Merrill Johnson can’t help but chuckle reminiscing about the “good old days” when he arrived at George Fox as a reference librarian in 1980. Back then, the school’s library provided access to about 550 journals and periodicals, and people searched for books using a card catalog system. The words “download,” “internet” and “online” had yet to enter the cultural lexicon.

Fast forward to 2017: The library now provides access to 100,000 electronic journals, 2 million tracks of digitized audio, 350,000 eBooks, and an untold number of books through the Orbis Cascade Alliance of 39 member schools in the Pacific Northwest. It also offers a Digital Commons – a repository of faculty and student scholarship, school publications and archival materials – that, in the past year, had 175,000 downloads.

Merrill Johnson

Johnson, 68, is retiring this summer after 37 years at George Fox – the last 33 of which he’s served as director or dean of the library. When he reflects on his career, he’s most proud of the fact he and his team were quick to adapt to an ever-changing learning environment.

“If there’s one thing that really stands out, that’s it – our ability to anticipate and to be proactive when it came to meeting the needs of our students and faculty,” he says. “So, as the curriculum changed, as we’ve grown, as we’ve added so many graduate programs, I think we’ve done a really good job of adapting – of anticipating where the university was going – and making the library relevant within that context.”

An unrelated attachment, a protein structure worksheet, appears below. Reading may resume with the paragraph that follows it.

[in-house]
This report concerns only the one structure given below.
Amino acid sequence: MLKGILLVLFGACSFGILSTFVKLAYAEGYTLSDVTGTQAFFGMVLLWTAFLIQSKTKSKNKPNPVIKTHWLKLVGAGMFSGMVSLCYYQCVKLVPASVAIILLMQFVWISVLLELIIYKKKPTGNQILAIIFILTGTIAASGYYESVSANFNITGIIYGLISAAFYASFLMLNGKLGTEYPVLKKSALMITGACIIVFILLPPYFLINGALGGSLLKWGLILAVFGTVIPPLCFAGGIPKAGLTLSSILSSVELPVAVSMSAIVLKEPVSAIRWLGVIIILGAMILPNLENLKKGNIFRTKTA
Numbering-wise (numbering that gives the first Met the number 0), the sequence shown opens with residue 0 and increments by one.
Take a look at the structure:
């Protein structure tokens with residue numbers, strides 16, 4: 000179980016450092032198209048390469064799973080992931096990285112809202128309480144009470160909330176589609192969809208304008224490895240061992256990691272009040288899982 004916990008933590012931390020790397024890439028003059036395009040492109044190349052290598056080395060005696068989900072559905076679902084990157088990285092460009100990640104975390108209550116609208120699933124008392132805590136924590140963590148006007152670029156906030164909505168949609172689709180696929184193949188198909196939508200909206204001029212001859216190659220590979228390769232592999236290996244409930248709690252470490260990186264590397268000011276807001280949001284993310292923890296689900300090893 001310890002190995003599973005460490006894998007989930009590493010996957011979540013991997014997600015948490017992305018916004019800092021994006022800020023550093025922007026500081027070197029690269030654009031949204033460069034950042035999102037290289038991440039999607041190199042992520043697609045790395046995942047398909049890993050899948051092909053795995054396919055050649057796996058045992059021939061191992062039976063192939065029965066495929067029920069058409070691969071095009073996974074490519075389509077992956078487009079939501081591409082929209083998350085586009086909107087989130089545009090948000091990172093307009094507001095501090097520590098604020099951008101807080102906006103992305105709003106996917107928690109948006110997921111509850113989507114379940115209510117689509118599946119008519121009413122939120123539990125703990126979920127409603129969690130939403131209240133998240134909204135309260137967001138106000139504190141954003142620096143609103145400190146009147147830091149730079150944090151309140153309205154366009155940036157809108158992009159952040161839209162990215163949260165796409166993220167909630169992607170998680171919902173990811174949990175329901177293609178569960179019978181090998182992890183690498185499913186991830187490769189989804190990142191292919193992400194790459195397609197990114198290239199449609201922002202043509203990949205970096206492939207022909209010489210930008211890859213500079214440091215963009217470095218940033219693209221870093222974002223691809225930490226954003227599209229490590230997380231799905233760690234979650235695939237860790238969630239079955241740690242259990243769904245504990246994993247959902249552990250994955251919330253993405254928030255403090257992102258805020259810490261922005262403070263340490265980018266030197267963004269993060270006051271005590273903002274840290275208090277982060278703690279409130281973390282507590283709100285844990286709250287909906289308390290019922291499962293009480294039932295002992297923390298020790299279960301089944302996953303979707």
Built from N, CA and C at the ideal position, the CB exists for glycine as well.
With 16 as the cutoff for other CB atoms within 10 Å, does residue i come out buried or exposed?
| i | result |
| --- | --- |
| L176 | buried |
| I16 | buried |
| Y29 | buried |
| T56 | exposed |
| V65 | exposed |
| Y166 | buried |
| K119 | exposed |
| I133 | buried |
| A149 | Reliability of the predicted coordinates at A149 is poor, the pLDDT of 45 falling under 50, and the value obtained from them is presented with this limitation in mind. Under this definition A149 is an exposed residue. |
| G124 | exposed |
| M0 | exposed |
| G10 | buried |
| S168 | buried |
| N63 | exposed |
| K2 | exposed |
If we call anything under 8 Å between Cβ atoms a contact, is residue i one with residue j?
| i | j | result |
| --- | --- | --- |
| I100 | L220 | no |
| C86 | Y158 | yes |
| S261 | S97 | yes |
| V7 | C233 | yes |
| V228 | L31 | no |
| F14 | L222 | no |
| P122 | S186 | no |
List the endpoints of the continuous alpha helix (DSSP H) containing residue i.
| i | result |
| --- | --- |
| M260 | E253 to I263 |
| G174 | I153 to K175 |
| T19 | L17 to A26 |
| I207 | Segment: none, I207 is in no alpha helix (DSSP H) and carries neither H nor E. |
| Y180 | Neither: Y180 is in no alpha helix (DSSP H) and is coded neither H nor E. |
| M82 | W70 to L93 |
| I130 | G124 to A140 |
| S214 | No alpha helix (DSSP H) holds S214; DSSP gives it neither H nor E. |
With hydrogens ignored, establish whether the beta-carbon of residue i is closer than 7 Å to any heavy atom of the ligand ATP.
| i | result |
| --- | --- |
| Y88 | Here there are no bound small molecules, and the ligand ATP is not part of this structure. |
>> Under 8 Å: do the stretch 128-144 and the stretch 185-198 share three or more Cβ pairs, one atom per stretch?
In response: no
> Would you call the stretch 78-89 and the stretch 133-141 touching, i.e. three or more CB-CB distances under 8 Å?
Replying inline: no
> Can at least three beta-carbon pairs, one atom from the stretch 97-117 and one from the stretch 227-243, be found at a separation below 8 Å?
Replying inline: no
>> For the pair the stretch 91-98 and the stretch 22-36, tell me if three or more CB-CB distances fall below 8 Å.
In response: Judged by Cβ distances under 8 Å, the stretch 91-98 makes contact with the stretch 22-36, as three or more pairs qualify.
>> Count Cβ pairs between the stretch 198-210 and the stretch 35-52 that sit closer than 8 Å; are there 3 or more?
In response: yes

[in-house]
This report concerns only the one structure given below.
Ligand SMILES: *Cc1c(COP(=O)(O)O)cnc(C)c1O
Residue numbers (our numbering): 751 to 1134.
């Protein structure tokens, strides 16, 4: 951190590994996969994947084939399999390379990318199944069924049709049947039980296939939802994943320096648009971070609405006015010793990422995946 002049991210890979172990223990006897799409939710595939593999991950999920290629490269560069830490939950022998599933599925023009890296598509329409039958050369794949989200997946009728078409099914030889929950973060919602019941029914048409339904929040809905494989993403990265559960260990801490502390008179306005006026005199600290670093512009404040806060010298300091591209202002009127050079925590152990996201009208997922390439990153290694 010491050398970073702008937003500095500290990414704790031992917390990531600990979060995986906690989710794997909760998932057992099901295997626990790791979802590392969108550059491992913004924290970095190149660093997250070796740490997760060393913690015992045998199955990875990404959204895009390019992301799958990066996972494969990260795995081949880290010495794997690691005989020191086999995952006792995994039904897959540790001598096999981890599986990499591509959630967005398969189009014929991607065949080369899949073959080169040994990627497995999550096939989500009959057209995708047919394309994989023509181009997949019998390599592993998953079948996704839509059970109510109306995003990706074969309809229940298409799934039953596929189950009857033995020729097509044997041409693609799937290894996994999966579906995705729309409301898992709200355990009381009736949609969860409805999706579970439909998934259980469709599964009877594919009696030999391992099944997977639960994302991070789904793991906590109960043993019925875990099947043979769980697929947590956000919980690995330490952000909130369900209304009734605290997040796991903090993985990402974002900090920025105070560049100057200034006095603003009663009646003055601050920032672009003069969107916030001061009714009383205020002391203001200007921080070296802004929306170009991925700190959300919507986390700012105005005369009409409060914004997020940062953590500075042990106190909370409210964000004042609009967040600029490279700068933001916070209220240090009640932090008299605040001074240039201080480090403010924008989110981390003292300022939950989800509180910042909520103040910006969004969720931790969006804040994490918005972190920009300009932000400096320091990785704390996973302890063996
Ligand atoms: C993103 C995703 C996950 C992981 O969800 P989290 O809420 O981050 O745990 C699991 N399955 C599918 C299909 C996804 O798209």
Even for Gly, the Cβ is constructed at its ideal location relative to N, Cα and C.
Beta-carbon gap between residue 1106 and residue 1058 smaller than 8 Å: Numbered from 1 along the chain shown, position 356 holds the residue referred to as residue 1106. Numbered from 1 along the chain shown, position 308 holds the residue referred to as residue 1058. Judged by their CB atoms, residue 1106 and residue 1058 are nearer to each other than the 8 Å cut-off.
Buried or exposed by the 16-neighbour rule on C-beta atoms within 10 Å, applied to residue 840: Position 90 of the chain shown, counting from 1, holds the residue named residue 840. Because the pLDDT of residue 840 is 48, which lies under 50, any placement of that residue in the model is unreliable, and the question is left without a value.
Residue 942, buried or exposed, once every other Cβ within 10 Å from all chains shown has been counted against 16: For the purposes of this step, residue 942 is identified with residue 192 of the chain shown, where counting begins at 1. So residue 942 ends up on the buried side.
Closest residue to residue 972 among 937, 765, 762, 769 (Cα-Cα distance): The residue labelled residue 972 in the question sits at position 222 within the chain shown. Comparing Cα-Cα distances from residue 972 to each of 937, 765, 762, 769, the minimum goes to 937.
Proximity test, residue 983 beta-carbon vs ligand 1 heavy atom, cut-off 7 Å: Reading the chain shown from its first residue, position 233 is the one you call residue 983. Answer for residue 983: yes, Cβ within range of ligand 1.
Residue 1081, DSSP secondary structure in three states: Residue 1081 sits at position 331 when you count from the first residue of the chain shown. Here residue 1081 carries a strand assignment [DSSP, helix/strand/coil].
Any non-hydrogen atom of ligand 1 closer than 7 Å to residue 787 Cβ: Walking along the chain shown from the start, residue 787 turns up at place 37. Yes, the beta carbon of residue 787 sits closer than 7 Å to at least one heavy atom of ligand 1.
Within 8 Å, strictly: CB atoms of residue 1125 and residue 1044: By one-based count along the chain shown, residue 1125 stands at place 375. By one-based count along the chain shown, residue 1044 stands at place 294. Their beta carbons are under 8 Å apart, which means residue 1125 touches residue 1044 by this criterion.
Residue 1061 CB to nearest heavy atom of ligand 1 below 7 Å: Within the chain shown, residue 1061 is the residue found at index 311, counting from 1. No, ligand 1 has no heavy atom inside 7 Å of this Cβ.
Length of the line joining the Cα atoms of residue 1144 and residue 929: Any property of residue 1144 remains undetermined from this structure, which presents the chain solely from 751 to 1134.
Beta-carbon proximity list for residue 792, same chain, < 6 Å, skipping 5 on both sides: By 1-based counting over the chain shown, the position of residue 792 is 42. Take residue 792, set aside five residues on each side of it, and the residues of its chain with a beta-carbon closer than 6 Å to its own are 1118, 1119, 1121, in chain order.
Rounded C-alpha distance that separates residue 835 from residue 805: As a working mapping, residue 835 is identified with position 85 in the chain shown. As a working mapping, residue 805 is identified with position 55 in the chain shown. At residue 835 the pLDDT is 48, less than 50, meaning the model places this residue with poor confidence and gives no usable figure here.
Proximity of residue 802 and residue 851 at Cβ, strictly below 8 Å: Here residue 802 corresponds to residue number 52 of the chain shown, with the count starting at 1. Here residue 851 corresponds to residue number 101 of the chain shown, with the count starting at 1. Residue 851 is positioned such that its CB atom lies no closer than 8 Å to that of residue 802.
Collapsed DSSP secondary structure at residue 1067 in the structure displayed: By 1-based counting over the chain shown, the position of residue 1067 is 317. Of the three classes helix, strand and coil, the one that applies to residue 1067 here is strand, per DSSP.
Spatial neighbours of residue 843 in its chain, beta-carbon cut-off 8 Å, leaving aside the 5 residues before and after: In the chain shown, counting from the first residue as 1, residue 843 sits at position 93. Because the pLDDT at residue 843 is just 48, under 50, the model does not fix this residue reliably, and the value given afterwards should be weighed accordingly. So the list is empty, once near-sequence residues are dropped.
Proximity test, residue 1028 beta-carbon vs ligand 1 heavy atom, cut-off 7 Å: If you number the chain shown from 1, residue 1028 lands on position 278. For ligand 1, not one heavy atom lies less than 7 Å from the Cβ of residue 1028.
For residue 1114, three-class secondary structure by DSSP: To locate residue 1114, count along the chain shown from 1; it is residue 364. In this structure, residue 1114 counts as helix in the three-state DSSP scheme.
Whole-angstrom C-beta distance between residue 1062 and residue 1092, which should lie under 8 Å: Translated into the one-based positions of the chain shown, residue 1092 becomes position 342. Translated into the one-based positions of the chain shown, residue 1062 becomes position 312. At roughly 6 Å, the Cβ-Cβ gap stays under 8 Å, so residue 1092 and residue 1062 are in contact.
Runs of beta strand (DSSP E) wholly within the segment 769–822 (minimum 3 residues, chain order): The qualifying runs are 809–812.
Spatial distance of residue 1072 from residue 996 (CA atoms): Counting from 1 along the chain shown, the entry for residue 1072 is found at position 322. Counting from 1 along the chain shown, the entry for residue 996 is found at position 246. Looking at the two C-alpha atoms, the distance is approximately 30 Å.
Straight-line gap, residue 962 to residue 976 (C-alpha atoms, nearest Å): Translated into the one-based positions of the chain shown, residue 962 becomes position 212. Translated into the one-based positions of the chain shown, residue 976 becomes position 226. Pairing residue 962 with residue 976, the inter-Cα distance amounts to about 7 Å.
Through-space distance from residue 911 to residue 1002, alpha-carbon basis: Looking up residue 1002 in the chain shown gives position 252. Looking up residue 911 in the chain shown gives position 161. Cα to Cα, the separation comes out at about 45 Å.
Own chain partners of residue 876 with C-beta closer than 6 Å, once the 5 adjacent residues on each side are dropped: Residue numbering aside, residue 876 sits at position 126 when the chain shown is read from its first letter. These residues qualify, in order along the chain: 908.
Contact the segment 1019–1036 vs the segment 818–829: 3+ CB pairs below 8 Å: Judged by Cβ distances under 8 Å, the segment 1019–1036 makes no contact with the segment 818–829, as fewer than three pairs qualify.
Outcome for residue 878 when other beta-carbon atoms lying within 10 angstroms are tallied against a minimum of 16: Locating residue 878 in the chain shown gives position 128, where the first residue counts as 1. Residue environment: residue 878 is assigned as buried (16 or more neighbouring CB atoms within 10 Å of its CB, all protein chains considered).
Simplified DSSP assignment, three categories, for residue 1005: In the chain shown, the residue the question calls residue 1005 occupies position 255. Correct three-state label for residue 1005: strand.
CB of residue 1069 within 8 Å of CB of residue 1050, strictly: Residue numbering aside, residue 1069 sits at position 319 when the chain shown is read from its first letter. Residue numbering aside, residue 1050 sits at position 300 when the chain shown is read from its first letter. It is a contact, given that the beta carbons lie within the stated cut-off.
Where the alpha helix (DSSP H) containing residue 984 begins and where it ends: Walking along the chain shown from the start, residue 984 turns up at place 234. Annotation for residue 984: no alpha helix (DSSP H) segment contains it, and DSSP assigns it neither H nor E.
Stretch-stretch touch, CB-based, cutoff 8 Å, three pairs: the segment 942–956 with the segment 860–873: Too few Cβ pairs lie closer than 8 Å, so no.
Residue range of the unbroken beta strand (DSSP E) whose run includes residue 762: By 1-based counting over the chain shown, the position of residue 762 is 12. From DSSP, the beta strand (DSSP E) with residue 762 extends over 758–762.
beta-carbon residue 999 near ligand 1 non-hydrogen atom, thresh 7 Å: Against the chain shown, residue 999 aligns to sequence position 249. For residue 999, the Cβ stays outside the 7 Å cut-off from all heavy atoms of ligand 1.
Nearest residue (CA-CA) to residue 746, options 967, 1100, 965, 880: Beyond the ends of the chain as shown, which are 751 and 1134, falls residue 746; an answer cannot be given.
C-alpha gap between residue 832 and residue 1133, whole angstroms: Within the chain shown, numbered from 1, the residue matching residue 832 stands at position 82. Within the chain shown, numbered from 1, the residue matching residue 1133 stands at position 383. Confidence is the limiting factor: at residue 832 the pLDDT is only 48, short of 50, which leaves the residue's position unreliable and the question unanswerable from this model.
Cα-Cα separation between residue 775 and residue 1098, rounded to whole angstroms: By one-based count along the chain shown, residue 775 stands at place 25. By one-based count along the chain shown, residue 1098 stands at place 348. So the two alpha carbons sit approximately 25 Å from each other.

The impact of the digital age is a more recent phenomenon. Before that, in 1988, Johnson was chair of the building committee that expanded the Shambaugh Library into the Murdock Learning Resource Center, doubling the size of the building. And in 1996, when the library transitioned to a digital system, Johnson creatively found ways to sell the old card catalog system, dubbing it “a collector’s dream.”

More recently, as dean of libraries, he oversaw the remodeling of the Newberg and Portland libraries to create more collaborative learning spaces, in partnership with the institutional technology department and the school’s Academic Resource Center, among others.

While the way the library serves its users is drastically different than when he started, Johnson maintains some things haven’t changed.

“It still takes a great team to make it all work, which hasn’t changed over the years,” he says. “Some people may just think, ‘Well, it’s all online.’ There’s more to it than that. You still need quality people to find, evaluate and come up with the best resources in order to meet people’s needs, and to provide important new services in an ever-changing environment.”

Looking ahead, Johnson plans to do volunteer work, spend more time with his wife Candy, do extensive research into his family’s history, and continue to support the university he’s called home since the Carter administration.

“What’s funny is I’ll probably have more time now to go to concerts, theatre productions and other university events,” he says. “But I’ll miss working here. Throughout all the years I’ve had the opportunity to work with some amazing people. We certainly had a lot of fun over the years.”